What makes some presidents triumphant leaders and others disastrous failures? How has the presidency evolved from the institution established by the Founding Fathers? Which president was the first to be elected with no previous political experience? In this wonderfully engaging book, readers will discover the answers to such questions and gain a rich understanding of the personalities, policies, and tragic flaws of our nation's chief executives. With forty-one essays in all, by such eminent historians as Eric Foner, Joyce Appleby, James Henretta, Alan Taylor, Jean Baker, Robert Dallek, Drew McCoy, and Karen Orren, THE READER'S COMPANION showcases some of the most provocative interpretive history being written today. Was Madison, for example, an indecisive bungler who led his country to war or a principled politician whose leadership was appropriate to his time? Ranging from the tragedy of Hoover's administration to Johnson's Great Society, from Carter's human rights agenda to the current administration's challenges, these engagingly written pieces shed light on the hubris, and sometimes the brilliance, of our leaders. Fully illustrated with timelines, data boxes, and short essays on presidential families, this book is an indispensable resource for the serious historian and the curious reader alike.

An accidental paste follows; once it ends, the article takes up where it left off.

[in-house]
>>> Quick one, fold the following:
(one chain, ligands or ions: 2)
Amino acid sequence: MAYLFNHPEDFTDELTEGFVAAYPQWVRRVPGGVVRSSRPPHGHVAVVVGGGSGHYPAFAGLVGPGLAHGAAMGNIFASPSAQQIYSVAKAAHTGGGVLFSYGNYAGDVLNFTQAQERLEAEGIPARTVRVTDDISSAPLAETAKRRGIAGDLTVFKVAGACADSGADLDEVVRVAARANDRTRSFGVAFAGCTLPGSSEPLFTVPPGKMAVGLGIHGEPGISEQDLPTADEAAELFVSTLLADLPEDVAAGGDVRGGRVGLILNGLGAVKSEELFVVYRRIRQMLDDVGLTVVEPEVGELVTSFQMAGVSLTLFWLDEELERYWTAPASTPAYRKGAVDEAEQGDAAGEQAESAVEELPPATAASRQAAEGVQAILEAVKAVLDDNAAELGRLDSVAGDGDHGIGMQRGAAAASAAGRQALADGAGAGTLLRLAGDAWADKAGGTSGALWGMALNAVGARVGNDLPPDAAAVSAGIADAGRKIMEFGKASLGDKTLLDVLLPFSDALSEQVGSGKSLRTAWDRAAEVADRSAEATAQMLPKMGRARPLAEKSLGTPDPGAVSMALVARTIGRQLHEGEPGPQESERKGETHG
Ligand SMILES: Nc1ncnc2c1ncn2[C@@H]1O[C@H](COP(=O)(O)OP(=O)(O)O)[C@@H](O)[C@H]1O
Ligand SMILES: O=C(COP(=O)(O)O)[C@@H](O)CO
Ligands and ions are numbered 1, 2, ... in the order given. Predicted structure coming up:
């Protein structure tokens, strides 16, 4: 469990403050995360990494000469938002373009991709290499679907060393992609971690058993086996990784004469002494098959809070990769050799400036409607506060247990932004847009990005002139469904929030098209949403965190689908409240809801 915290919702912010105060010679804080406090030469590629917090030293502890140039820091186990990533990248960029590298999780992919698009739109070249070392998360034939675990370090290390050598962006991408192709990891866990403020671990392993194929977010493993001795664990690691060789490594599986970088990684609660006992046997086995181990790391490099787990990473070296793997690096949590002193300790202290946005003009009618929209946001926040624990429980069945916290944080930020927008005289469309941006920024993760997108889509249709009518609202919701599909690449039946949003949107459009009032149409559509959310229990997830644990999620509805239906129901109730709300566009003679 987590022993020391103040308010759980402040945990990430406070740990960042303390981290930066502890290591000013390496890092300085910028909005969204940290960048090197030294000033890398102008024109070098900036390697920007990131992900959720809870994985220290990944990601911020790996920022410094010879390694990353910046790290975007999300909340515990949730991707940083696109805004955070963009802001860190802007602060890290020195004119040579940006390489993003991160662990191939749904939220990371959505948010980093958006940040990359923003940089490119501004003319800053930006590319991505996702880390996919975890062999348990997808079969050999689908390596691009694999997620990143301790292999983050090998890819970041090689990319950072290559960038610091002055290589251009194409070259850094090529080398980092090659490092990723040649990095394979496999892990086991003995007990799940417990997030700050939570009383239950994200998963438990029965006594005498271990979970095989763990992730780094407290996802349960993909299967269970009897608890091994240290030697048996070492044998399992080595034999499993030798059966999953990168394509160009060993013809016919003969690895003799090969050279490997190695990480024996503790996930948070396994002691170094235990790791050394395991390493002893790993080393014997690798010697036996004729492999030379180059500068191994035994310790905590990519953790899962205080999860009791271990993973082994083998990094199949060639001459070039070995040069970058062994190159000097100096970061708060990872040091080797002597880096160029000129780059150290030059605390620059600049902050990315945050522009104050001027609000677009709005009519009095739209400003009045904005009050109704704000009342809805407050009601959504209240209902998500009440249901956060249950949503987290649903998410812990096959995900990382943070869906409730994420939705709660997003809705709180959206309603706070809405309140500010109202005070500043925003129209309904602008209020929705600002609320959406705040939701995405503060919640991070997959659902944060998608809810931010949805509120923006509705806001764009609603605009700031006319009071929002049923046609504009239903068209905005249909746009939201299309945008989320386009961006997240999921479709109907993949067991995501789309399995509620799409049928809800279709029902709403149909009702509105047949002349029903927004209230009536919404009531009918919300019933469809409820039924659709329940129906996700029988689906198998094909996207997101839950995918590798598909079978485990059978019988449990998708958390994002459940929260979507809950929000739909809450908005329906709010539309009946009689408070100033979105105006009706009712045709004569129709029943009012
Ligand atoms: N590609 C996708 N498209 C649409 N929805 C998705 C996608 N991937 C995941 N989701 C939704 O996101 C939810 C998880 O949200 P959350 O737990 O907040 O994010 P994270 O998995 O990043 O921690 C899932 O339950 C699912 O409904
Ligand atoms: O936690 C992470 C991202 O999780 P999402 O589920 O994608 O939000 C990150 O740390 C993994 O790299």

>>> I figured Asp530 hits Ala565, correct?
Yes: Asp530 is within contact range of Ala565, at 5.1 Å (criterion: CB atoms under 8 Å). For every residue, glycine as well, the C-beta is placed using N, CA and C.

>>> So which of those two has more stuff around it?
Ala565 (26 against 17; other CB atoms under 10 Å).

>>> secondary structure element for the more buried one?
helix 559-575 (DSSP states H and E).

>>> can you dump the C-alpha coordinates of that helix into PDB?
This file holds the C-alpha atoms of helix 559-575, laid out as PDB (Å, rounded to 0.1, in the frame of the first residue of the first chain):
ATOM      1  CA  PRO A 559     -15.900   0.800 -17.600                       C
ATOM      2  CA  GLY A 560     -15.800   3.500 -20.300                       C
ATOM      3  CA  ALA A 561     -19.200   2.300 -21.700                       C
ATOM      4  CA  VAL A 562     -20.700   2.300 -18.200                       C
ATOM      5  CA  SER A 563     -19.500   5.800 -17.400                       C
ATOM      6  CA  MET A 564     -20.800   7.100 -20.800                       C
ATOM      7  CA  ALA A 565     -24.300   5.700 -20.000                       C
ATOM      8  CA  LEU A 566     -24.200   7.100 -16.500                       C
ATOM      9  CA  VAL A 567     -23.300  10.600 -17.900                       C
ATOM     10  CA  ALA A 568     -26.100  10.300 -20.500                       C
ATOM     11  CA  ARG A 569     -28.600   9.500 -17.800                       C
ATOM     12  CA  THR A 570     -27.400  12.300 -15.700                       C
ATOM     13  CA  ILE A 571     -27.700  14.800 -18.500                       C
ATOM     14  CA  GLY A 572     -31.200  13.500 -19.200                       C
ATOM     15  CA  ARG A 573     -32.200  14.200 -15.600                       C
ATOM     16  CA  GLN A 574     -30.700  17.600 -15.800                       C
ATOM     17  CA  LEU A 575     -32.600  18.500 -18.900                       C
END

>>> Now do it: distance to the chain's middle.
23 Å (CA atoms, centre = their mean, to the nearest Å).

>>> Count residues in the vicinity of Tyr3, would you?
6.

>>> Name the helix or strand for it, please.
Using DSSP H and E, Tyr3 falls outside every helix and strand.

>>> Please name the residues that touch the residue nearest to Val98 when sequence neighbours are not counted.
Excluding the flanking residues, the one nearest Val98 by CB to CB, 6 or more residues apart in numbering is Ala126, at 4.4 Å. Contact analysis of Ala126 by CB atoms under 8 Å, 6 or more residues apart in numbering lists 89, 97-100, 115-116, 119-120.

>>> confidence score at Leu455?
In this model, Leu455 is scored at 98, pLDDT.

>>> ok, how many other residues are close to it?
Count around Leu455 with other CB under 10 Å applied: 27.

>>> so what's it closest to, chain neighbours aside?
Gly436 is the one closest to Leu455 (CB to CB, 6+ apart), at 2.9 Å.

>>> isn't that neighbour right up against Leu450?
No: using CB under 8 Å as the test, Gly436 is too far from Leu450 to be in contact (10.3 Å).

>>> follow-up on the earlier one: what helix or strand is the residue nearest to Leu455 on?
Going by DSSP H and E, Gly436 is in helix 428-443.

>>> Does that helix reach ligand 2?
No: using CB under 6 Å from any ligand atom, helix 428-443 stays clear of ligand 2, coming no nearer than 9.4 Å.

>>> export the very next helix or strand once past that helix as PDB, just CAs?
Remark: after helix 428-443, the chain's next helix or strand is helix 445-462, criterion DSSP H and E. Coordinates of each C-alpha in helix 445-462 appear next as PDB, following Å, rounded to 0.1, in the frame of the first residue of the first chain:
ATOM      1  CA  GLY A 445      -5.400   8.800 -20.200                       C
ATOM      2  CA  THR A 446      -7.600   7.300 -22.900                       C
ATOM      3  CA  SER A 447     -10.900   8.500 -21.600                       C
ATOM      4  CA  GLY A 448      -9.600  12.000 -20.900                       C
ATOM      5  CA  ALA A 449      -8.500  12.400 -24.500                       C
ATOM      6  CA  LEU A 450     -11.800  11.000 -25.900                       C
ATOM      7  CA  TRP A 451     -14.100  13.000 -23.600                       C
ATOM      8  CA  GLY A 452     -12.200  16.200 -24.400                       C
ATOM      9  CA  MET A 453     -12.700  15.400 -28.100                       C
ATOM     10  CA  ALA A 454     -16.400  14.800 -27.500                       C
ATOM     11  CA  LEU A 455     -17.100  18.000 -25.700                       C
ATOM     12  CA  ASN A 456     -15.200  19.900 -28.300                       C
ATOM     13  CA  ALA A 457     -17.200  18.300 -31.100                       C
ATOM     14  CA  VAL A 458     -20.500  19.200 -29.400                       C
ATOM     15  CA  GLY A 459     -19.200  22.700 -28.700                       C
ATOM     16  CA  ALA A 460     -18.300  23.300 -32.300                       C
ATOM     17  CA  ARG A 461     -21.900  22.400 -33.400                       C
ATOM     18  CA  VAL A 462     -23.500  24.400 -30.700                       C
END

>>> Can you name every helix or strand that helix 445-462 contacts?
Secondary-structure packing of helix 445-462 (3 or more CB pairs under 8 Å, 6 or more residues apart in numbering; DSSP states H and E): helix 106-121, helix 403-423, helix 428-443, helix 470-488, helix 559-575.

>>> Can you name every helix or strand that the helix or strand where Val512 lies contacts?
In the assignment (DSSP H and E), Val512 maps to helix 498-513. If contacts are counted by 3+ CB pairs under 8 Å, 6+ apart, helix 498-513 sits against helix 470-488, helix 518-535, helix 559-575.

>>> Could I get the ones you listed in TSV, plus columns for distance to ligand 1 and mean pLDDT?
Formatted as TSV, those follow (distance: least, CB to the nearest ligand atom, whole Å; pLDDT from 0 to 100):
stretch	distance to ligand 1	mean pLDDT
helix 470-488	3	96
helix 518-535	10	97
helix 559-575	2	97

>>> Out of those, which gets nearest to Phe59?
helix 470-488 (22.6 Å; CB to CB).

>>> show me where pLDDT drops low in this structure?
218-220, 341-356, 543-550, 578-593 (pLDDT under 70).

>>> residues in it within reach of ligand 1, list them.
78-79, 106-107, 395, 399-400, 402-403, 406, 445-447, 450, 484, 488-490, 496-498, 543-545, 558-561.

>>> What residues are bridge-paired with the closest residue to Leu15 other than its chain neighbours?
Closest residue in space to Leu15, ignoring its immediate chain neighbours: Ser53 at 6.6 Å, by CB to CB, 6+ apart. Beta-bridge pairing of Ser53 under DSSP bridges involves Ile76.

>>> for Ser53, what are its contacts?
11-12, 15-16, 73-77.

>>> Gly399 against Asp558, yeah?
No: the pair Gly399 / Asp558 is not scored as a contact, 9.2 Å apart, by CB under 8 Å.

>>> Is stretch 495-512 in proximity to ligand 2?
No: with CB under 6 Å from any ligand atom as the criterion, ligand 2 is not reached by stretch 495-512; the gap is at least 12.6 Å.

Baker & Taylor A collection of forty-one essays about the American presidency explores such monumental questions as how has the office evolved from the Founding Father's intentions, what were some of the lasting presidential initiatives, and what separates a successful president from an unsuccessful one.
Baker & Taylor A collection of forty-one essays about the American presidency explores such questions as how has the office evolved from the founding fathers' intentions, and what were some of the lasting presidential initiatives.